Cannabidiol (CBD) “shows similar efficacy in the severe paediatric epilepsies to other antiepileptic drugs”, states a new meta-study published by the journal Developmental Medicine & Child Neurology, and epublished by the National Institute of Health.”
“There are hundreds of compounds found in the marijuana plant, each contributing differently to the antiepileptic and psychiatric effects”, states the study’s abstract. “Despite considerable community interest in the use of CBD for paediatric epilepsy, there has been little evidence for its use apart from anecdotal reports, until the last year. ” Researchers note that “Three randomized, placebo-controlled, double-blind trials in Dravet syndrome and Lennox-Gastaut syndrome found that CBD produced a 38% to 41% median reduction in all seizures compared to 13% to 19% on placebo.”
Similarly, “CBD resulted in a 39% to 46% responder rate (50% convulsive or drop-seizure reduction) compared to 14% to 27% on placebo. CBD was well tolerated; however, sedation, diarrhoea, and decreased appetite were frequent.”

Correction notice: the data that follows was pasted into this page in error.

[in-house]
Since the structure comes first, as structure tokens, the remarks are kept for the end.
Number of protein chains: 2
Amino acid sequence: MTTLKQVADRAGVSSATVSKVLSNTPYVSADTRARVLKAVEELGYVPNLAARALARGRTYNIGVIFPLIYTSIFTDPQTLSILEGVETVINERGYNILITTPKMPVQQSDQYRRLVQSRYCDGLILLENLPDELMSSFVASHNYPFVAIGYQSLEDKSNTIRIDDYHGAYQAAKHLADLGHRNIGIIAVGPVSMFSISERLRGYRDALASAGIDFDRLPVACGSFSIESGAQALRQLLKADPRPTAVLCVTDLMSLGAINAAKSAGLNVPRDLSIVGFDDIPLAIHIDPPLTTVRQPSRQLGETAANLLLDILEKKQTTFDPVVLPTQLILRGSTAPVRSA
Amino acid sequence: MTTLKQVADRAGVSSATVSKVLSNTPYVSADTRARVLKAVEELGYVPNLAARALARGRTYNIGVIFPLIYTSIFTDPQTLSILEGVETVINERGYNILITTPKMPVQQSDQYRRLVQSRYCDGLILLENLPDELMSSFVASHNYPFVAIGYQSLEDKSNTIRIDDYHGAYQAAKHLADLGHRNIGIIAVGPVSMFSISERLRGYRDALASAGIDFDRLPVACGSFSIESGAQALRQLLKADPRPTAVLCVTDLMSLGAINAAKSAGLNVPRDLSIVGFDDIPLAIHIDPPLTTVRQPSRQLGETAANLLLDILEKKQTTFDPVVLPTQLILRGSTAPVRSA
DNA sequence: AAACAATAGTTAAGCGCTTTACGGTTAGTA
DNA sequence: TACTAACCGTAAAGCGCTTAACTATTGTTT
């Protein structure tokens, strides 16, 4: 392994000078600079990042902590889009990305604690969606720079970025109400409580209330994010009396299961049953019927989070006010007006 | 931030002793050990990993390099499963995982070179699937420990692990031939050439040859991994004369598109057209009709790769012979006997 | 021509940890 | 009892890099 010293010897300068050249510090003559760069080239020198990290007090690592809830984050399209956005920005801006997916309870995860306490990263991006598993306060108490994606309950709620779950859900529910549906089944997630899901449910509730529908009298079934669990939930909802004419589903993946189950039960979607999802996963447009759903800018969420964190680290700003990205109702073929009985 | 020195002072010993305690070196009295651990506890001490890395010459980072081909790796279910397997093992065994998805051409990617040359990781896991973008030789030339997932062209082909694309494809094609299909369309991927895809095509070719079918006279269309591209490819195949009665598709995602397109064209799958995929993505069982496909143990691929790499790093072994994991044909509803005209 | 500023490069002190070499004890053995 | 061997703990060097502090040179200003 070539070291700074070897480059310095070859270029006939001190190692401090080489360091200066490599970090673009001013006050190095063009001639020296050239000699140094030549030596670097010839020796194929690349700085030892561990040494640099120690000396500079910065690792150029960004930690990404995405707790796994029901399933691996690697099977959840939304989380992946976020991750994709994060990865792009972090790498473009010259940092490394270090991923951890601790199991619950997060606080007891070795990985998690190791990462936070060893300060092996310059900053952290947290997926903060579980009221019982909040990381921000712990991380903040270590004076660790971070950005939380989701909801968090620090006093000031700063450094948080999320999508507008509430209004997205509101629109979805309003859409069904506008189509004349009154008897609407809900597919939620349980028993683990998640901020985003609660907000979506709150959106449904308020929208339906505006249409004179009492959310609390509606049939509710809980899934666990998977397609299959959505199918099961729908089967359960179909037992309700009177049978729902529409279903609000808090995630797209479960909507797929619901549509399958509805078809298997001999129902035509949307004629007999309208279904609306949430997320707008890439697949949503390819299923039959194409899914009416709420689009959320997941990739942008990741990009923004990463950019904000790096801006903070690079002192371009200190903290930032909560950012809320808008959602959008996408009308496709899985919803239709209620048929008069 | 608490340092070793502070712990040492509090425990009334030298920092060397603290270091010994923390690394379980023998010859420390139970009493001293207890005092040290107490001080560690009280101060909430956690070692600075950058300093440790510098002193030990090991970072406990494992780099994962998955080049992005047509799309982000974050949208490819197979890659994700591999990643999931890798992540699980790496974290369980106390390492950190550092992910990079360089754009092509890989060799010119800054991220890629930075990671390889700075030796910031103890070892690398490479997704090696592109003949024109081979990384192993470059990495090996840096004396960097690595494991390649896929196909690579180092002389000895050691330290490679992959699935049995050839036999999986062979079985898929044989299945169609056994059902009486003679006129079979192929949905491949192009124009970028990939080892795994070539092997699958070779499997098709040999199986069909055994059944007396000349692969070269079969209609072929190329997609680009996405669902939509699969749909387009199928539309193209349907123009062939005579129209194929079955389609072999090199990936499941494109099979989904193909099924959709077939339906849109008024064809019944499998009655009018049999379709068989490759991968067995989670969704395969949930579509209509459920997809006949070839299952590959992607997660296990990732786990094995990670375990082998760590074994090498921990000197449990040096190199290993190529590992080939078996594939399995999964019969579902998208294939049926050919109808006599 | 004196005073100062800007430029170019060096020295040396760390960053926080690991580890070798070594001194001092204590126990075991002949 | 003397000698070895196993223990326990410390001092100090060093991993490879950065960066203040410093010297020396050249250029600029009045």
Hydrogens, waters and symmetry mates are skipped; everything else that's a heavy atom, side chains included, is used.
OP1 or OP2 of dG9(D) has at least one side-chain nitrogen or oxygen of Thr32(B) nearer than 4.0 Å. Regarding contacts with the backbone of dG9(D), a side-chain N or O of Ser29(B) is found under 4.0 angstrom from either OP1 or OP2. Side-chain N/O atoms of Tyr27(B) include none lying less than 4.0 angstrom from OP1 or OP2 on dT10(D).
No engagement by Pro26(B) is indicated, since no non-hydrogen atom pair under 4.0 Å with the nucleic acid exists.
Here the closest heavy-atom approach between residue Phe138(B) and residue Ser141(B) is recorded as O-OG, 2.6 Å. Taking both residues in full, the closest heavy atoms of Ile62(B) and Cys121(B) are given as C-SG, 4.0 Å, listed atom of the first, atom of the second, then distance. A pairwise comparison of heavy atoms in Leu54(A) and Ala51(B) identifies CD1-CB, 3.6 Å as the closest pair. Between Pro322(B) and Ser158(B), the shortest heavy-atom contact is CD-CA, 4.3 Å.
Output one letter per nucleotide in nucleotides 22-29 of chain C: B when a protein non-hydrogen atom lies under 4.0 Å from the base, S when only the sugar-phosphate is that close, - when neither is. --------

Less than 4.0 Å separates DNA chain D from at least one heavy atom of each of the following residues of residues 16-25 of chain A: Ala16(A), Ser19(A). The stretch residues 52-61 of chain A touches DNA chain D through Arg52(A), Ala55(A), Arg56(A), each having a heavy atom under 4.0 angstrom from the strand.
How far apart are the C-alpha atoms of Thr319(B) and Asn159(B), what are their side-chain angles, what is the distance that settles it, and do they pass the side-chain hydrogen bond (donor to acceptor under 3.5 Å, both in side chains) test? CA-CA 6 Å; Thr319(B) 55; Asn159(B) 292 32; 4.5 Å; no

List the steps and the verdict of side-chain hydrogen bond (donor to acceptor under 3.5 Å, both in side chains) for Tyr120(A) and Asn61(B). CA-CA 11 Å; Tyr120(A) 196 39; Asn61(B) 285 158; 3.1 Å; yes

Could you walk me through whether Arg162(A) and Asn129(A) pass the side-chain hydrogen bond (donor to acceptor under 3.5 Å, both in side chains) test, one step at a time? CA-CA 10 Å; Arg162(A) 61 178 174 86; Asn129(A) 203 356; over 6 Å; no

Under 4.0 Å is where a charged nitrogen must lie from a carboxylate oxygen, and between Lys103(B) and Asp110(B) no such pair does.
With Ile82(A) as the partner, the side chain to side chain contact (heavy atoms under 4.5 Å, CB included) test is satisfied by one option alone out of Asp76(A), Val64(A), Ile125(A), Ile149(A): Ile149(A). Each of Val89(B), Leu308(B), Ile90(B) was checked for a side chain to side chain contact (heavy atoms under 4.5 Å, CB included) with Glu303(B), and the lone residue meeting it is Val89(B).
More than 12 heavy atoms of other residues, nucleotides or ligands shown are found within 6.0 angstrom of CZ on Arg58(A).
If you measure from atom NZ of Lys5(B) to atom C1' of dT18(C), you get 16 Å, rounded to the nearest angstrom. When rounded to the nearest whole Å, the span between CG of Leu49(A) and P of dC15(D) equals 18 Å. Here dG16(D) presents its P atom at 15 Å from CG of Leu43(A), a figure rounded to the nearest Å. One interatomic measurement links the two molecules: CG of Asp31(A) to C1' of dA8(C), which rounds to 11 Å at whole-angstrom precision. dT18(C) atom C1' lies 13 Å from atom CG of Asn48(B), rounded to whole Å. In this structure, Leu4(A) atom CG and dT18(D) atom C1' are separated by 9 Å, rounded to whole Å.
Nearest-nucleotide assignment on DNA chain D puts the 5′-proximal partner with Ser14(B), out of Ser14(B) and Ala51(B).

Researchers conclude that “CBD shows similar efficacy to established antiepileptic drugs.”
The study was conducted by researchers at the University of Otago in New Zealand, and the University of Melbourne, Austin Health and Royal Children’s Hospital and the Florey and Murdoch Children’s Research Institutes, all in Australia.
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